The question arises as to whether the state of necessity operates as “existent” or “cause of justification”. Such a condition could be to remove the limit of consent, imposing an obligation to take action to protect the health of the patient, obviously not attenuating any unlawful behavior that the physician may have carried out, but by requiring the physician to justify that he had acted in a certain way just having evoked the state of necessity and having to justify it.
It is therefore appropriate to try to define the concept of “urgency” and “emergency” by identifying the differences. If the outcome under discussion is the survival of the patient, that is, immediate interventions are needed to ensure the favorable outcome and the vital signs are altered, it is called emergency. On the other hand, if the intervention must be prompt but not immediate, that is, it must be extendable in time, we speak about urgency. The distinction is inherent in the time needed for action and requires a technical assessment. Therefore, the evaluation of the extreme urgency of the intervention is imposed on the health care, but treatments that are not characterized by an absolute clinical emergency, but can become so in a very short time, can be included in the state of need, in the sense that they are destined to become unavoidable in the immediate future of the patient .
Moreover, the United Sections of the Criminal Court (18/12/2008–21/01/2009 No. 2437) maintained that the profession of doctor is a “public need”, and that is why, this activity does not need to legitimize itself a discriminating typed, such as the patient’s consent to treatment, which excludes the unlawfulness of conduct instrumental to medical treatment, although implemented according to the rules of the art and with favorable outcome for the patient . This rule stresses that the absence of consent, in the absence of explicit refusal, when the intervention has produced a benefit for the patient’s health does not incur the doctor criminal liability.
Application of the standard in clinical practice
The current legislation requires respect for the will of the patient able, but in case of refusal of treatment, the law asks additional attention to the physicians. It is not unusual, in fact, that in the departments of medicine and surgery, including the outpatient area, there are patients whose decision-making capacity can be compromised. Law 219/2017 (Article 1, paragraph 5) provides that if the patient refuses therapies or interventions, putting his life at risk, the doctor engages in further communication with the support of other professionals, informing the patient of the consequences, promoting every support action, and involving family members .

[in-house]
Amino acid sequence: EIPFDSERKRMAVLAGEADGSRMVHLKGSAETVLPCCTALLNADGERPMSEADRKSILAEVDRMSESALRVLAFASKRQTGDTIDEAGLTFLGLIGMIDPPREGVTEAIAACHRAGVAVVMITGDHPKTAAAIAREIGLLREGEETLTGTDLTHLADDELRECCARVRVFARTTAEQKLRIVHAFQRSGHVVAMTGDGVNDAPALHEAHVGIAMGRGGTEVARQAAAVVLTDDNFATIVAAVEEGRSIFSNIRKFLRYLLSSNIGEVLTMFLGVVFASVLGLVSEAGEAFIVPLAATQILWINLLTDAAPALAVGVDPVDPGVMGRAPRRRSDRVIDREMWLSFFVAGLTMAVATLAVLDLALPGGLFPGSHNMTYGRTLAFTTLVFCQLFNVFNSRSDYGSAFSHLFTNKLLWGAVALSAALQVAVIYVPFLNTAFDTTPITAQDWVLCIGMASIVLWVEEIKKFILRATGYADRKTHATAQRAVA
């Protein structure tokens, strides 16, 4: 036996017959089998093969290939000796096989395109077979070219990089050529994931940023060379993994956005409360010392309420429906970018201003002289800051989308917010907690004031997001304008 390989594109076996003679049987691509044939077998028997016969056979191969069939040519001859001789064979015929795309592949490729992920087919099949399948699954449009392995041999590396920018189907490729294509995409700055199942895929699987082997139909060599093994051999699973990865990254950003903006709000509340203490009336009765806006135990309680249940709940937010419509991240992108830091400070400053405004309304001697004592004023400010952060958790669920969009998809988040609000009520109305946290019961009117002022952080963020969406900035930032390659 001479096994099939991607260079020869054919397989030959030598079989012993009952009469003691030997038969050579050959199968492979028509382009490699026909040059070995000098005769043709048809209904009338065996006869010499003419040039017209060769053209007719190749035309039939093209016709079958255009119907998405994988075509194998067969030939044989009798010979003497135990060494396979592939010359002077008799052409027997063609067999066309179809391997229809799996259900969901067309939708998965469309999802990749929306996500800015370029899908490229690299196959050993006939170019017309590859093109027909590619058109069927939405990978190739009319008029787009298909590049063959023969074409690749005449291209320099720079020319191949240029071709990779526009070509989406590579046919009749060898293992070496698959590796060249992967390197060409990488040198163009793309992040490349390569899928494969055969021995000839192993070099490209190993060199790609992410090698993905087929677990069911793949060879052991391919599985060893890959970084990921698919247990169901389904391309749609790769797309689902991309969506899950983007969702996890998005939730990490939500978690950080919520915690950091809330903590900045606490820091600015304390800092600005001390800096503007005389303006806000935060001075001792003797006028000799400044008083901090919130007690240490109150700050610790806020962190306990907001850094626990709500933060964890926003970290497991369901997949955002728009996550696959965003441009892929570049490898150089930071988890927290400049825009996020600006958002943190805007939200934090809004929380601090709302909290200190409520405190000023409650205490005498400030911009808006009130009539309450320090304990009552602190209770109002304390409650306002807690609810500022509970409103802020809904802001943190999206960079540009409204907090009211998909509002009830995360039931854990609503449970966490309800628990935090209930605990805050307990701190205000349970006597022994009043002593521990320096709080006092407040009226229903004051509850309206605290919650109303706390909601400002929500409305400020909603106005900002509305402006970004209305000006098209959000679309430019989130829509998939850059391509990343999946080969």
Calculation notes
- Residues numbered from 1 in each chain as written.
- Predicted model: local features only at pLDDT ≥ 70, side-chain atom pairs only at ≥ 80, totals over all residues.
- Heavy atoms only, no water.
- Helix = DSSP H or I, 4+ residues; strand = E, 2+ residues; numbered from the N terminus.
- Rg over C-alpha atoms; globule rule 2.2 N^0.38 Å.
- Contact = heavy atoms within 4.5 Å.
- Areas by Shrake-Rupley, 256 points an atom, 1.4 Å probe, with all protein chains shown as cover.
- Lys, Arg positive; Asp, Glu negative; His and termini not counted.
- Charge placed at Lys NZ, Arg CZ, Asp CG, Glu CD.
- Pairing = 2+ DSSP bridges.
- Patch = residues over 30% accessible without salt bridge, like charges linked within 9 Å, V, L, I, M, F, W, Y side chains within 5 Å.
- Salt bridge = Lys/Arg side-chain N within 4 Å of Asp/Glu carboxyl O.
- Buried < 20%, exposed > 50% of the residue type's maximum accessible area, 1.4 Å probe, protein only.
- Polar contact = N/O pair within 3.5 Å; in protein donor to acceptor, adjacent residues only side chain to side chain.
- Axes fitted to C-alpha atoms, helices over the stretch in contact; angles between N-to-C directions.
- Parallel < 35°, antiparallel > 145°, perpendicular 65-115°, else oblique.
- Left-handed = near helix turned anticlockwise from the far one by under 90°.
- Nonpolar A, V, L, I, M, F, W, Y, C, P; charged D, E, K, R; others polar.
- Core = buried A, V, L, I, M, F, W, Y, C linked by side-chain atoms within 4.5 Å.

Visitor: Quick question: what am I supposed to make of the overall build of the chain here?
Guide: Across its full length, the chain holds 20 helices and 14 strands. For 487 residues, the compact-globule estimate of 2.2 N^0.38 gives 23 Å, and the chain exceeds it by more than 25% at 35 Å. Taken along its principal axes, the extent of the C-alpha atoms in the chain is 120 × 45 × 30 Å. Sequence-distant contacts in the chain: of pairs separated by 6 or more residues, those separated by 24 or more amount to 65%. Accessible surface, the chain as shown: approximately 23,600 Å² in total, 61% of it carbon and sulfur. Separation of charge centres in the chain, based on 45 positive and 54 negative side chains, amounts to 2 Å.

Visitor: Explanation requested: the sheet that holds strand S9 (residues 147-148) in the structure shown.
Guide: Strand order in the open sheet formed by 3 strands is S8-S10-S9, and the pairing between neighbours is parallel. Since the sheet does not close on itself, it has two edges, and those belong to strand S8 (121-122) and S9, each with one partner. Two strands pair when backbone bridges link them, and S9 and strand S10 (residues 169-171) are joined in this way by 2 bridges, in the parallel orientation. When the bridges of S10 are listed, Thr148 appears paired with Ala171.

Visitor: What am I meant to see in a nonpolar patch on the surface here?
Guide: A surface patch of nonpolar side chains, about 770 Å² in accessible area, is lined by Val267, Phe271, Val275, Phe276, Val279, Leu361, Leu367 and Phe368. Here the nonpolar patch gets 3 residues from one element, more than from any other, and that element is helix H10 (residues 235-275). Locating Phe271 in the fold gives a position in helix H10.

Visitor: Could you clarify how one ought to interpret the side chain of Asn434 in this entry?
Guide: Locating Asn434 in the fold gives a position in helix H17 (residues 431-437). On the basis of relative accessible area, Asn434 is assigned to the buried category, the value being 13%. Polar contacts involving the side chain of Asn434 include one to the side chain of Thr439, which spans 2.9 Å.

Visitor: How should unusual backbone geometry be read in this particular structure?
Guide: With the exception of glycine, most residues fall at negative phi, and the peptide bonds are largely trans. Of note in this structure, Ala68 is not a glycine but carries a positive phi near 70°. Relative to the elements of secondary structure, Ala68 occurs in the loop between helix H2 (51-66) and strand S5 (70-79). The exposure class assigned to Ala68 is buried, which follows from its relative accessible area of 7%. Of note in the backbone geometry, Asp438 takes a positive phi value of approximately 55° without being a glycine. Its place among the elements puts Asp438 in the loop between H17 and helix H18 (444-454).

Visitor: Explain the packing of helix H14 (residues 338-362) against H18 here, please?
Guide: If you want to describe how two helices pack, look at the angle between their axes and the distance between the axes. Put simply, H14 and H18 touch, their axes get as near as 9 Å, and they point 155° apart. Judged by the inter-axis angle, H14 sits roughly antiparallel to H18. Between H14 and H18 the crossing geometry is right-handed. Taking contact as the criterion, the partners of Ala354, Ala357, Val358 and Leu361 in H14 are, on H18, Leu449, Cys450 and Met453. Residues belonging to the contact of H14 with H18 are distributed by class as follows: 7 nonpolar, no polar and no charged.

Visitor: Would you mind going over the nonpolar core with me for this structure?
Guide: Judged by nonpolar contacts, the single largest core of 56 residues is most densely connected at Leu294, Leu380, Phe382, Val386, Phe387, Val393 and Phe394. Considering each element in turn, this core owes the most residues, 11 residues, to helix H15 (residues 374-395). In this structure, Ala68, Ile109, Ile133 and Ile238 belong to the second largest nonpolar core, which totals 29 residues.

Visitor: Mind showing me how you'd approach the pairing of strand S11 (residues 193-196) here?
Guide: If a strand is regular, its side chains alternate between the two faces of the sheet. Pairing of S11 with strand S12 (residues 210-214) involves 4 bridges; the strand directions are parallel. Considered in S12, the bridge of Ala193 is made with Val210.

Judgment on the level of impaired capacity, which makes a patient incompetent to make therapeutic decisions, should ideally reflect the balance between respecting patient autonomy and protecting the patient from the consequences of a wrong decision .
Considering the possibility of fluctuations in the mental state of the patient and thus the level of his capacity, as well as the seriousness of possibly depriving him of the right to make decisions, where possible, it is essential that the assessment is carried out by at least two physicians at different times .
Any doctor should be able to assess a patient’s competence, while psychiatric counseling can be useful in particularly complex situations. Between 3 and 25% of requests for psychiatric counseling in hospitals involve questions about the competence of the patient to make decisions about treatment [20, 21].
Whichever approach to evaluation is used, clinicians should first ensure that patients have been provided with information that is relevant to making an informed decision about their treatment. Typically, such communication includes the nature of the patient’s condition, the nature and purpose of the proposed treatment, and the risks and benefits of the proposed treatment and alternative treatments, including the no-treatment option .
The expressed will of the subject must be clearly perceptible and there must be no doubt: consequently, even in cases of necessity, if the refusal were clear, the health workers could not intervene, giving precedence to the right to self-determination of the subject over the need to save his life. Once the patient has been warned of the consequences of his choice, the health professionals must nevertheless promote and support any supporting action, avoiding that the refusal of the treatments turns into a potential therapeutic abandonment (Article 2: “principle of not abandon”) .